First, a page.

European Journal of Sustainable Development Research
Research Article
2017, 1(2), Article No: 10

Investigating Differential Learning Outcomes of Students in Physics Using Animation and Textual Information Teaching Strategies in Ondo State Secondary School

Published online: 30 Jun 2017
Download: 726
View: 1541

Abstract

Background
The study investigated the main effects of animation information and textual information on students' performance and improving students' attitude towards physics.
Material and methods
The study adopted the pre-test post-test control group design. The population was made up of SSS 2 students in Ondo State. Three Local Government Areas were randomly selected from the 18 Local Government Areas of Ondo State. Simple random technique was used to select three schools in the selected Local Government Areas. The schools were randomly assigned to two experimental groups namely animation and, textual information strategy and one control group. Two instruments were used for the study.
Results
One-way Analysis of Variance (ANOVA), Scheffe Post-Hoc pair-wise comparison Analysis, and two-way Analysis of Variance was used. The results showed that there was a significant main effect of animation and textual strategies on students performance in physics. The results also showed that there was a significant difference in the post test attitudinal score of students' exposed to the strategies with the effectiveness in the order of animation, textual, and conventional strategies
Conclusions
The study concluded that computer- based instruction such as animation and textual strategies could enhance learning outcomes in Physics in senior secondary school irrespective of students' sex.
 

INTRODUCTION

Physics is an indispensable tool for the advancement of technology and economy in order to meet the challenges of 21st century. Studying Physics at school is an excellent preparation for a range of challenging and rewarding degree courses and careers both inside and out of the sciences (Wendy, 2011).

However, despite the importance of physics, research over the years still shows a number of problems encountered in learning of Physics. Lack of students` interest in Physics, gender imbalance, the method of teaching and interest in the contents of Physics; have been identified as part of factors that affect students’ learning in Physics (Simon and Stokking, 2000). In addition, research has provided information that attitude towards science changes with exposure to Physics, but the direction of change may be related to the quality of that exposure, the learning environment and teaching method. Craker (2006) stated that if students have negative attitudes towards science, they also do not like physics courses and physics teachers.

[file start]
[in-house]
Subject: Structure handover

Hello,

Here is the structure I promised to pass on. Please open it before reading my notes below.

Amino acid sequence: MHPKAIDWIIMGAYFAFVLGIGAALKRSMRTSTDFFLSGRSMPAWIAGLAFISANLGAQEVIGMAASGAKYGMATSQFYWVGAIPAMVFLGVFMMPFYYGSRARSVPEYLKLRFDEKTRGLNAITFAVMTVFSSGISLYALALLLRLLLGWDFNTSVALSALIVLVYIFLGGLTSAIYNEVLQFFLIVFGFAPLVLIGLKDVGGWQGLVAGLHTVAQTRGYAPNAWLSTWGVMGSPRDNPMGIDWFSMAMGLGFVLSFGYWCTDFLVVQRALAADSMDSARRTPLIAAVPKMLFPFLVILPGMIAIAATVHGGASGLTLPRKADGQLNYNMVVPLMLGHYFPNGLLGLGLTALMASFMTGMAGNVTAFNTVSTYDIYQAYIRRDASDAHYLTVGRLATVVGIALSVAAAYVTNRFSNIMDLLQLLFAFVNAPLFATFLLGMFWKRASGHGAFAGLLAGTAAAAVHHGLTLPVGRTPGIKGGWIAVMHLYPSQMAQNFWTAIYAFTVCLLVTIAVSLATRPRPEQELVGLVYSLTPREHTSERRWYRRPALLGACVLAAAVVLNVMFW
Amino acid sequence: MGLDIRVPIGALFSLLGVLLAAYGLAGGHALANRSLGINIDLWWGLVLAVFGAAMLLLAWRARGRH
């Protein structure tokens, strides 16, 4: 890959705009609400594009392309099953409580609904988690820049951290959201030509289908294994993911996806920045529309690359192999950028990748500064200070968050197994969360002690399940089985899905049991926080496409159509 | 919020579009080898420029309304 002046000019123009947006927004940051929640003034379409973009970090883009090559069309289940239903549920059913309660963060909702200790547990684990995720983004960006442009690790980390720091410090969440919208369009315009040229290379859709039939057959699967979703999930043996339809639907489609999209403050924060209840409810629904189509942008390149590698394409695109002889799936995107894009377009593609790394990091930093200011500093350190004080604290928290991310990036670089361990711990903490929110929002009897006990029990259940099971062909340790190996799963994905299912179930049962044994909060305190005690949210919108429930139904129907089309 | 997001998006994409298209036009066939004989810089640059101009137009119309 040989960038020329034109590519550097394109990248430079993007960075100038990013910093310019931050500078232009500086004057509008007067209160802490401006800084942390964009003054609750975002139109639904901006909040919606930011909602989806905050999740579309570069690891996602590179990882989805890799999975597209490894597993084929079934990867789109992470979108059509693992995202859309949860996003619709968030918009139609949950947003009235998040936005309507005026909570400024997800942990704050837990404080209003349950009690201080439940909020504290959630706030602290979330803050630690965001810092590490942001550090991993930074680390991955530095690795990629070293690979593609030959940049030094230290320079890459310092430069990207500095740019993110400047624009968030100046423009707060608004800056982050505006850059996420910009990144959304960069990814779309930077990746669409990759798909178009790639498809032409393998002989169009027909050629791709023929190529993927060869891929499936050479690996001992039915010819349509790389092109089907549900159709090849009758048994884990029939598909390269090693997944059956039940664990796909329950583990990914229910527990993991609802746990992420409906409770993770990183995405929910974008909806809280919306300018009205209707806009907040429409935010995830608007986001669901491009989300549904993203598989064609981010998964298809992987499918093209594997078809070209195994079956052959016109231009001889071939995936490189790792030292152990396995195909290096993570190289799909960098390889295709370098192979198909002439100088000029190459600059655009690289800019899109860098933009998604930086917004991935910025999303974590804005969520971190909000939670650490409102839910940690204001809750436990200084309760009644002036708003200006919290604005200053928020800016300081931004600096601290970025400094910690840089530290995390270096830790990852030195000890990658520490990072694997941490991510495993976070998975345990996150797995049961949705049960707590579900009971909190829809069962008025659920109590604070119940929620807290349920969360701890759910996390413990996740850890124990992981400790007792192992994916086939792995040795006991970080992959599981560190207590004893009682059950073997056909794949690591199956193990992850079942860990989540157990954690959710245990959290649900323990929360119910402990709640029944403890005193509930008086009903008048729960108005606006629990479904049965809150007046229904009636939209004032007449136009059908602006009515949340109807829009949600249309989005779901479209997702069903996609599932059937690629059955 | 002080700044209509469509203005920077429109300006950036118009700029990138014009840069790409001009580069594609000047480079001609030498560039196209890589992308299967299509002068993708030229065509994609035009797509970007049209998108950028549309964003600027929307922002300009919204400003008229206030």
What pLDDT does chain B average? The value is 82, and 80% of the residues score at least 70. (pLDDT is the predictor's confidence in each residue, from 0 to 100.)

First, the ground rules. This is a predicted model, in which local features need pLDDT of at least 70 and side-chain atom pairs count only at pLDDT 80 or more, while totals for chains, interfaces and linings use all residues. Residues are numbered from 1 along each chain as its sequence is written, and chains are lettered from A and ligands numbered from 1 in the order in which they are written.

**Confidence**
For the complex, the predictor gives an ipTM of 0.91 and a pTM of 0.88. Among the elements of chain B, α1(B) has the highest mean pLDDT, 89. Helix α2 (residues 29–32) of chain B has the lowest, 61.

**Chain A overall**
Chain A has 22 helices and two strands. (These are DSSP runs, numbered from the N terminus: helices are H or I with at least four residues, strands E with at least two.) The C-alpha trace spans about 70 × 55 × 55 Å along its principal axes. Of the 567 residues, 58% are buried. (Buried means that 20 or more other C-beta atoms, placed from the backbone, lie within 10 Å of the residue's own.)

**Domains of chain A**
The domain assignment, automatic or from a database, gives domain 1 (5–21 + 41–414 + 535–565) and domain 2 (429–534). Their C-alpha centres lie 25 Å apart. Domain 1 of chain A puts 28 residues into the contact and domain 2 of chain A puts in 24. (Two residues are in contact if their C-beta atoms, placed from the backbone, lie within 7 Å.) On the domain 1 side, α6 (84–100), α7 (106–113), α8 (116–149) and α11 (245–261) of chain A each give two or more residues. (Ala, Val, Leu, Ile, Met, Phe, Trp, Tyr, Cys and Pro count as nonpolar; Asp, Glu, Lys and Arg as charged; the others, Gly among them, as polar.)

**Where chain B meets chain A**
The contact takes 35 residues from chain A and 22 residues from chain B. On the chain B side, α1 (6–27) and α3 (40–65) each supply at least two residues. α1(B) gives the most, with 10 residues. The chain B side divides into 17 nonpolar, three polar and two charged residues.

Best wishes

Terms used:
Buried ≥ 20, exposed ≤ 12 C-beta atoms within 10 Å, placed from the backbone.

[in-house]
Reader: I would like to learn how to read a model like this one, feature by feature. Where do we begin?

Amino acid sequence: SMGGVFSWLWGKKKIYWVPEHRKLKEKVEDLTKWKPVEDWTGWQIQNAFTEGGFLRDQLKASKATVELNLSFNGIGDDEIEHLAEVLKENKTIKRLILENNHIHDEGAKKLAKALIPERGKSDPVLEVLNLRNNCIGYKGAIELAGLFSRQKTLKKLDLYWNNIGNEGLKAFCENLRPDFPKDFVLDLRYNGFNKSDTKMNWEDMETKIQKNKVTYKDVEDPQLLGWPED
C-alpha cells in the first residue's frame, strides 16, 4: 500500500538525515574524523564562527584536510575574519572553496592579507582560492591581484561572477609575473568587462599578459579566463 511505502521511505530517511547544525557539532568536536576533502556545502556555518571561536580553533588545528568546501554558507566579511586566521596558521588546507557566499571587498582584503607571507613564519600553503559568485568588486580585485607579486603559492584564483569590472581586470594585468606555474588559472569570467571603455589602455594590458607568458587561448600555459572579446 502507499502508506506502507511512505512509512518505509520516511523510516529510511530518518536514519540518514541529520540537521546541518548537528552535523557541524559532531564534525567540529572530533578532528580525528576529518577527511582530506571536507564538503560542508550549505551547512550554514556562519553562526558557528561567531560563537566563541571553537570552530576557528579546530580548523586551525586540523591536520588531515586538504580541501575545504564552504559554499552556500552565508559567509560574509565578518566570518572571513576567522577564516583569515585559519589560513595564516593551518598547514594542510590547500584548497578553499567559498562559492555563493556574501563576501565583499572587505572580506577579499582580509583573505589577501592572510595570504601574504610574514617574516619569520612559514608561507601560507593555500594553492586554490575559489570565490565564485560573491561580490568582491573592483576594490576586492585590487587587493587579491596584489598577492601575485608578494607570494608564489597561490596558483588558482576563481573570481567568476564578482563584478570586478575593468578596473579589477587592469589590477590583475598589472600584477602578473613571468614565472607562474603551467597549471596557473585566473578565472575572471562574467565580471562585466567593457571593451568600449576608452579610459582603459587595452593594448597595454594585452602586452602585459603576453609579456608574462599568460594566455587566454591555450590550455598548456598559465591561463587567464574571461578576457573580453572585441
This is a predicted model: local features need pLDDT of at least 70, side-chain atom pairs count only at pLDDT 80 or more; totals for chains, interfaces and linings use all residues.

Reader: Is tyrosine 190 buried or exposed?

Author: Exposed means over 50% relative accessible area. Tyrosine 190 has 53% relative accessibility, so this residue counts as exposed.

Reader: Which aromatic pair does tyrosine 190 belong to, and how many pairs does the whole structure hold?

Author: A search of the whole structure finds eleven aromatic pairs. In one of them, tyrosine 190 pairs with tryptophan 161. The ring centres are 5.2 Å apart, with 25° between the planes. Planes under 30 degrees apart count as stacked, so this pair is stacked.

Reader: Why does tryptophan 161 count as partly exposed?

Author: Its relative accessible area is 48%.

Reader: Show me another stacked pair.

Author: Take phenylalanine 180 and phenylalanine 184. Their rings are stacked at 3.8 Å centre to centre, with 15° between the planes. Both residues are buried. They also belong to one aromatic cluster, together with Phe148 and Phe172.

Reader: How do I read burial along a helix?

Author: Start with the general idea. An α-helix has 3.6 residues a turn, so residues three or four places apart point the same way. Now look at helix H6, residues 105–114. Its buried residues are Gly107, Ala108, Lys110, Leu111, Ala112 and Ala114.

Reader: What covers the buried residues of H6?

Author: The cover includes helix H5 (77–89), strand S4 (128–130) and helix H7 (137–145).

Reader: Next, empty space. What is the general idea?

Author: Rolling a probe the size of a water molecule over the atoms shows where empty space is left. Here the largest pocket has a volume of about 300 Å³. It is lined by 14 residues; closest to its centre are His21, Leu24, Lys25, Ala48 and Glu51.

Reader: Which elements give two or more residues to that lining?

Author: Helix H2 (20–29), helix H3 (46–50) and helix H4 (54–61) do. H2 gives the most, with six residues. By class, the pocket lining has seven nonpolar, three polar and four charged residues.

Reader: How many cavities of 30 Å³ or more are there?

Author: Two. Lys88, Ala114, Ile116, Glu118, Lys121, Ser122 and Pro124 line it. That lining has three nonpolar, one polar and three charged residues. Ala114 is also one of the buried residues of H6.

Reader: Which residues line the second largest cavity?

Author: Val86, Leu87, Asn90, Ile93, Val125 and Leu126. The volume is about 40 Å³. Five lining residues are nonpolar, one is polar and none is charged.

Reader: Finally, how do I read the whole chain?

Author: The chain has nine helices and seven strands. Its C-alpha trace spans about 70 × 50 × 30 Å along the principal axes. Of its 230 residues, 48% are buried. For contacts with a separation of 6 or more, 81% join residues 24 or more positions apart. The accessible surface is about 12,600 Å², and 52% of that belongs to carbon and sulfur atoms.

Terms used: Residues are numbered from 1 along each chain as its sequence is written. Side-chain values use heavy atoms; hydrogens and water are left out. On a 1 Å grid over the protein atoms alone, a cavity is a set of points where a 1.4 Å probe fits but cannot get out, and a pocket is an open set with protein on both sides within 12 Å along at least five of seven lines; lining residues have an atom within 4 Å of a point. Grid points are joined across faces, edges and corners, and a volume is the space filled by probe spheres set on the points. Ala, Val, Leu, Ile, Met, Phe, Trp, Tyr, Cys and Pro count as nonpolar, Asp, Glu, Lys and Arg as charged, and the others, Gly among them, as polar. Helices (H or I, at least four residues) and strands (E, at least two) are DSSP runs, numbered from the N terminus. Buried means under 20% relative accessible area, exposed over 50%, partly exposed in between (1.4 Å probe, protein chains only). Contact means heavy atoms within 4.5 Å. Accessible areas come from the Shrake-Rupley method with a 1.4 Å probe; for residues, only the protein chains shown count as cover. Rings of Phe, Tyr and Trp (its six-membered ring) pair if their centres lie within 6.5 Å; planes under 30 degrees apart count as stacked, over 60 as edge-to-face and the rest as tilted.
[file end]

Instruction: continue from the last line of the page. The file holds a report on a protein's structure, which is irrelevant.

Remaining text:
Based on this premise, numerous studies have been conducted to determine the factors that affect the students’ attitude to science and their performance in it. A summary of such studies maintain that factors such as teaching –learning approaches, type of science courses taken, methods of studying, intelligence, gender, motivation, science teachers and their attitude, self-adequacy, cognitive style of students, career interest, socio-economic levels, influence of parents, among others do affect students’ performance and attitude to science (Dieck, 1997; Halladyna and Shanghnessy, 1982; Mattern and Schau, 2002; Normah and Salleh, 2006; Rivard and Straw, 2000).

In view of the above, it is very clear that efforts had been made by the people of concerned minds in the past and also in present time to improve the performance of students in physics, and in spite of these, learning outcome in Physics is still on the low trend. One can infer from the foregoing that, in order to improve Physics learning outcomes there is a need to explore strategies that can captivate the interest of the students towards learning physics better and improve their performances.

No matter how highly organized lecture method might be, the use of computer-based multimedia instruction in most African countries tends to arouse the interest of students in Physics (and indeed in most school subjects) more than teacher-based instruction. Ijhedo, (1995) explained that the use of audio-visual aids in sciences has been found to be an effective way of communicating ideas and concepts to students.

In an attempt to address these issues, many researchers have focused on various teaching methods and strategies in physics. According to Obasa (2000) in Adeyemo (2012), student’s academic performance is affected by teachers in terms of the mastery of course content and teaching methodology, image and commitment/dedication to duty. A good number of our teachers are highly deficient in the subjects, as they teach what they are not supposed to teach or skip certain areas of the syllabus at they find difficult. Adodo (2005) was in support that academic achievement may be dependent upon positive attitude from the teachers and the students in the teaching/learning processes. To this end, Oladejo et al., (2011) explained that poor academic achievement in Physics could be attributed to many factors among which teacher’s strategy itself was considered as an important factor.